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Scar Therapy and Lymphedema


A scar is a natural part of the healing process after surgery, a burn, or an injury that damages the dermis (deep, thick layer of skin). The greater the damage is, the worse the scar will be.

A normally healing scar is known as CICATRIX forms from the healing of the wound.  This scar tissue usually flattens and the redness gradually disappears; however, healing does not always occur this neatly.

KELOID is an abnormally enlarged, raised, and thickened scar. These abnormal scars may fade and flatten slightly with the passage of time; however, they do not go away.

An ADHESION is an internal band of scar tissue that abnormally holds the scar against adjacent structures. Adhesions do not always resolve with the passage of time and they can become worse.


Scars disrupt the flow of lymph.

Scars and adhesions disrupt the network of lymph capillaries that lie just under the skin. This disruption hinders lymph drainage and makes the treatment of lymphedema in the affected area more difficult.

When performing manual lymph drainage or simplified lymphatic drainage, scars can interrupt the lymph flow. When there is a scar in the stroke pathway, it is recommended that you stroke around the scar and not through it.

This is recommended because lymph vessels within the scar tissue have been disrupted the transfer of fluid across a scar is usually ineffective. [1]


Always check with your therapist before beginning scar massage treatment. Scar tissue usually heals within six weeks after surgery; however, instead of feeling soft and stretchy, a scar may still be red and tight so that it pulls and limits motions. [2]

There are two different approaches to ease scar tissue.

  • The first technique is a gentle circular draining motion in the scar itself.
  • The second technique is a firmer stretching of the skin above and below the scar first in a straight line and then in a circular motion.

Gently perform scar massage for five minutes daily. Include all scars that are limiting lymph movement. Stretches use a firm motion but should not cause an uncomfortable pulling or burning sensation. It is important to spend more time on any areas that feel “stuck.”

Do not use lotion when massaging a scar. This causes the fingers to slide away. After draining or stretching a scar, apply lotion or vitamin E cream to the scar.


Place your fingers on top of the scar and make very gentle circular pumping motions on the scar. Gently work your way down the scar and feel the tissue soften. Repeat this sequence once or twice at each session. This draining of the scar should not hurt nor should it make the scar turn red. [2]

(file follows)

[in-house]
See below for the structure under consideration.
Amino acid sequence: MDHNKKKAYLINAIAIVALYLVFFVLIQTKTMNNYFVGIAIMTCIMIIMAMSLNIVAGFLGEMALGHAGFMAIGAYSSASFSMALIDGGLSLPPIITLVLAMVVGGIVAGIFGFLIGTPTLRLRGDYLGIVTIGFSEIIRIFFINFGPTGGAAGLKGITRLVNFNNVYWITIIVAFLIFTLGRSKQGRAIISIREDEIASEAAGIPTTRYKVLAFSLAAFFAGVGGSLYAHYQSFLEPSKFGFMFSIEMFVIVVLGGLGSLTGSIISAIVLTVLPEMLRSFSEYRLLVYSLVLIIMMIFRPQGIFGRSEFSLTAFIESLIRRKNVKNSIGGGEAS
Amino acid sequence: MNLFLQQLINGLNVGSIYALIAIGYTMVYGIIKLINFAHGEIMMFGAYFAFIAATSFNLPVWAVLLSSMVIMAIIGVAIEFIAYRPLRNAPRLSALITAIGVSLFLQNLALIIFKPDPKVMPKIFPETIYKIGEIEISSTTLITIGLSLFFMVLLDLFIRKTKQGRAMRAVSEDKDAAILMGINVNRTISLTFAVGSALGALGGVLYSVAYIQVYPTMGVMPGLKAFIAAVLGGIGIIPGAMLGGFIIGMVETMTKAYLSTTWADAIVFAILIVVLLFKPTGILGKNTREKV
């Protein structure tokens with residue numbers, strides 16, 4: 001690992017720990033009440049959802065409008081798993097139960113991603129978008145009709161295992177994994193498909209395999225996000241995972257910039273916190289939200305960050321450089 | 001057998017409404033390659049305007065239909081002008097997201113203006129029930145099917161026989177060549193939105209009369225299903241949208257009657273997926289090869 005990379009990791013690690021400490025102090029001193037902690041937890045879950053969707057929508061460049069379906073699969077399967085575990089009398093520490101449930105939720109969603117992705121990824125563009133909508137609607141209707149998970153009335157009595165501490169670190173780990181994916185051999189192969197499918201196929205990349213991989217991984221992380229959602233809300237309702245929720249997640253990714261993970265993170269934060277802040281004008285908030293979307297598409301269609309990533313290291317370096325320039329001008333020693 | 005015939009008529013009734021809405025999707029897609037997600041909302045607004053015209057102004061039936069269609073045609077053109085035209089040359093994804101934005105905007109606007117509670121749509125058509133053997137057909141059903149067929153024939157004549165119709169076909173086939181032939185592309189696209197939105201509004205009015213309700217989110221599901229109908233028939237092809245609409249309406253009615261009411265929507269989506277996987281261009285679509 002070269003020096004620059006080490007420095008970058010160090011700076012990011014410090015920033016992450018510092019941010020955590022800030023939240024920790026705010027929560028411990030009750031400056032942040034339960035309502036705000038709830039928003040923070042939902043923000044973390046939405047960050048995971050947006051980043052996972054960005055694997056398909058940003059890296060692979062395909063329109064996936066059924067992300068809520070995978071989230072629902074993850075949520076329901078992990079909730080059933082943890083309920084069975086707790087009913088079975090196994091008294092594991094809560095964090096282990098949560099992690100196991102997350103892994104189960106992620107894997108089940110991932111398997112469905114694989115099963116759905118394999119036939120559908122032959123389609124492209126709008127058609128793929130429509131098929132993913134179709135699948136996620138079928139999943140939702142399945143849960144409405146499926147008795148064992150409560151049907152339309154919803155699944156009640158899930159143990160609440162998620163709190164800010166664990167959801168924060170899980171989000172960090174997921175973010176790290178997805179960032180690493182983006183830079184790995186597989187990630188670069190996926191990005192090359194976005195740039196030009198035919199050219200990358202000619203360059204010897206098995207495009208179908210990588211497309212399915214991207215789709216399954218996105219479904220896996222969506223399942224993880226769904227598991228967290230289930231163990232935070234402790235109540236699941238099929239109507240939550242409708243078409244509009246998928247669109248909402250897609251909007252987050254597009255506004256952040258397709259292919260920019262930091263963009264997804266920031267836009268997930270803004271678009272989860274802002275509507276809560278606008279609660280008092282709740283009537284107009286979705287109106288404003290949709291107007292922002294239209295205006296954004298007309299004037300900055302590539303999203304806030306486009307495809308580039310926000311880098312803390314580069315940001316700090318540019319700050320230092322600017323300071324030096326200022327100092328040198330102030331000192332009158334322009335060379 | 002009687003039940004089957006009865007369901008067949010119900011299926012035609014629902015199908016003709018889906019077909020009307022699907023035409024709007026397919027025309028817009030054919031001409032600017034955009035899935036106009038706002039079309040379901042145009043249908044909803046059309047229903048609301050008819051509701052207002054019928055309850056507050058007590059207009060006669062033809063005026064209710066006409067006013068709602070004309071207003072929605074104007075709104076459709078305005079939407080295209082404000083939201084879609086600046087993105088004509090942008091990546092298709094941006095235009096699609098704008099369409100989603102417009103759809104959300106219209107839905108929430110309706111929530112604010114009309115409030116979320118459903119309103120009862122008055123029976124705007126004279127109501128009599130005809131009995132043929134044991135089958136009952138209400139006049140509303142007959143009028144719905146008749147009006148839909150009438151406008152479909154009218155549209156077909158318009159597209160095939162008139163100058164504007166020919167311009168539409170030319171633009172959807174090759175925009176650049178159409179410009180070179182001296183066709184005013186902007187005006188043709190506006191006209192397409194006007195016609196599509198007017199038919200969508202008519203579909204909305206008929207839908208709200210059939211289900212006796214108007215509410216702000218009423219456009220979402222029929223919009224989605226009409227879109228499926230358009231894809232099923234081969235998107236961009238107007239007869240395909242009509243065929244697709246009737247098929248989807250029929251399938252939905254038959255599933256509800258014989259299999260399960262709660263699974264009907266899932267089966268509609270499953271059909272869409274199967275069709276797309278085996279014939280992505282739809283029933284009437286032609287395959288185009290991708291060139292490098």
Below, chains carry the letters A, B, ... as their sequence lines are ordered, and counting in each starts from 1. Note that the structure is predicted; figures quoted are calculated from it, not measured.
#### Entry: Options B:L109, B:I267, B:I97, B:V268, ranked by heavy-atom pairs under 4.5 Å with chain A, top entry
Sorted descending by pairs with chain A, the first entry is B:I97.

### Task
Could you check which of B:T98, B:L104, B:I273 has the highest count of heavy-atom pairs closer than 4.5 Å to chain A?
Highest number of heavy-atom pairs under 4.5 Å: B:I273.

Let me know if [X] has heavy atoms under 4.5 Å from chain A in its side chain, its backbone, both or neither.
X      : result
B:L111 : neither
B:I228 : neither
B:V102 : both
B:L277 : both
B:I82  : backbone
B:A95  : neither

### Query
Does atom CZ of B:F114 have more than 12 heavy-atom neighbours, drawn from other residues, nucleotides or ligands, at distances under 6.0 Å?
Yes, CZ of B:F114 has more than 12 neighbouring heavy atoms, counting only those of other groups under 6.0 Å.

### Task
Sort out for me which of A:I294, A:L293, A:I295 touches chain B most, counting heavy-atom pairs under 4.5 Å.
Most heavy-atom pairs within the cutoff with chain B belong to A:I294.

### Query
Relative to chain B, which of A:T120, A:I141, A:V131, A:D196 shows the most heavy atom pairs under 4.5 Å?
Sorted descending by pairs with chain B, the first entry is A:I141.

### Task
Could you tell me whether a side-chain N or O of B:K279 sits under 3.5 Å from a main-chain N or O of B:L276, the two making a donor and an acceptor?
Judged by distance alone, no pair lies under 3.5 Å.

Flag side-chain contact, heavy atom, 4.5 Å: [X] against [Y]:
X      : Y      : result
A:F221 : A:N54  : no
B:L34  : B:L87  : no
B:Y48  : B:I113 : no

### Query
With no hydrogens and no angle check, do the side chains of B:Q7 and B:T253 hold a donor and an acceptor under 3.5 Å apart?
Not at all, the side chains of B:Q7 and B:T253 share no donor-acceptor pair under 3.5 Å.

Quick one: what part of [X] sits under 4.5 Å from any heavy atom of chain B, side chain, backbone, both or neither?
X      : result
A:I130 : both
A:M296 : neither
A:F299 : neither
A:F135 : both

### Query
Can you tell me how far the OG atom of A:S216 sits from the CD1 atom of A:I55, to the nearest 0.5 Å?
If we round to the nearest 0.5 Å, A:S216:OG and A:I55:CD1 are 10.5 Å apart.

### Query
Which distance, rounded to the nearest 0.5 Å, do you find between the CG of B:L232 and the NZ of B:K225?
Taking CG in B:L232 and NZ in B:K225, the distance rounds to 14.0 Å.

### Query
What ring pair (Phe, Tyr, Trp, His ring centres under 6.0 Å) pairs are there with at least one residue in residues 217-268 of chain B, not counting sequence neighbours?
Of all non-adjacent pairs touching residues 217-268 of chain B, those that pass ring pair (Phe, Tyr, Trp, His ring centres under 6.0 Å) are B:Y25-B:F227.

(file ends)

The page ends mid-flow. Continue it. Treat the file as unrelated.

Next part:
To stretch the skin next to the scar, place two or three fingers at the beginning of the scar and stretch the skin above the scar in a parallel direction. Then move the fingers a quarter of an inch further along the scar and repeat the stretch of the adjacent tissue. Work your way along the scar. Repeat this pattern stretching the adjacent skin below the scar. [2]

An alternative method is to follow the same pattern of finger movements using a circular motion instead of straight stretches. Work your way along the scar in a clockwise and counter clockwise fashion.


Scarring due to radiation. 

The scarring processes after radiation can continue as long as six months after the last radiation treatment. Ask your therapist when you can safely begin radiation scar self-massage.

Massage of this affected area should not begin until at least six weeks after the last radiation treatment and when no scabs are noticeable.

Radiated tissues are delicate and the skin can break easily. Take extreme care when massaging this area. Never massage these tissues if this causes pain or increased redness of the tissues. Perform only brief massage sessions at first. As the tissues continue to heal, gradually increase the length of the massage. [2]

  • Move your fingers in a circular motion to very gently stretch the skin.
  • If there is an area of hardened tissue, very gently stretching the skin until the skin feels softer, more flexible, and is less restricting of movements.
  • After the massage, apply lotion or vitamin E cream to the scar.


[1] Lymphedema Caregiver’s Guide by M. K. Kearse, PT, CLT-LANA, E. McMahon PhD, and A. Ehrlich, MA. Lymph Notes 2009, page 91.

[2] Living Well with Lymphedema by A. Ehrlich, A. Harrewijn PT, CLT-LANA, and E. McMahon PhD. Lymph Notes 2005, pages 159-160.

© LymphNotes.com 2010. This information does not replace the advice of a qualified health care professional.

Got a question or comment? Post in the 'Self-Care for Lymphedema' forum.
Category: Self-Care for Lymphedema Updated: 2012-07-13


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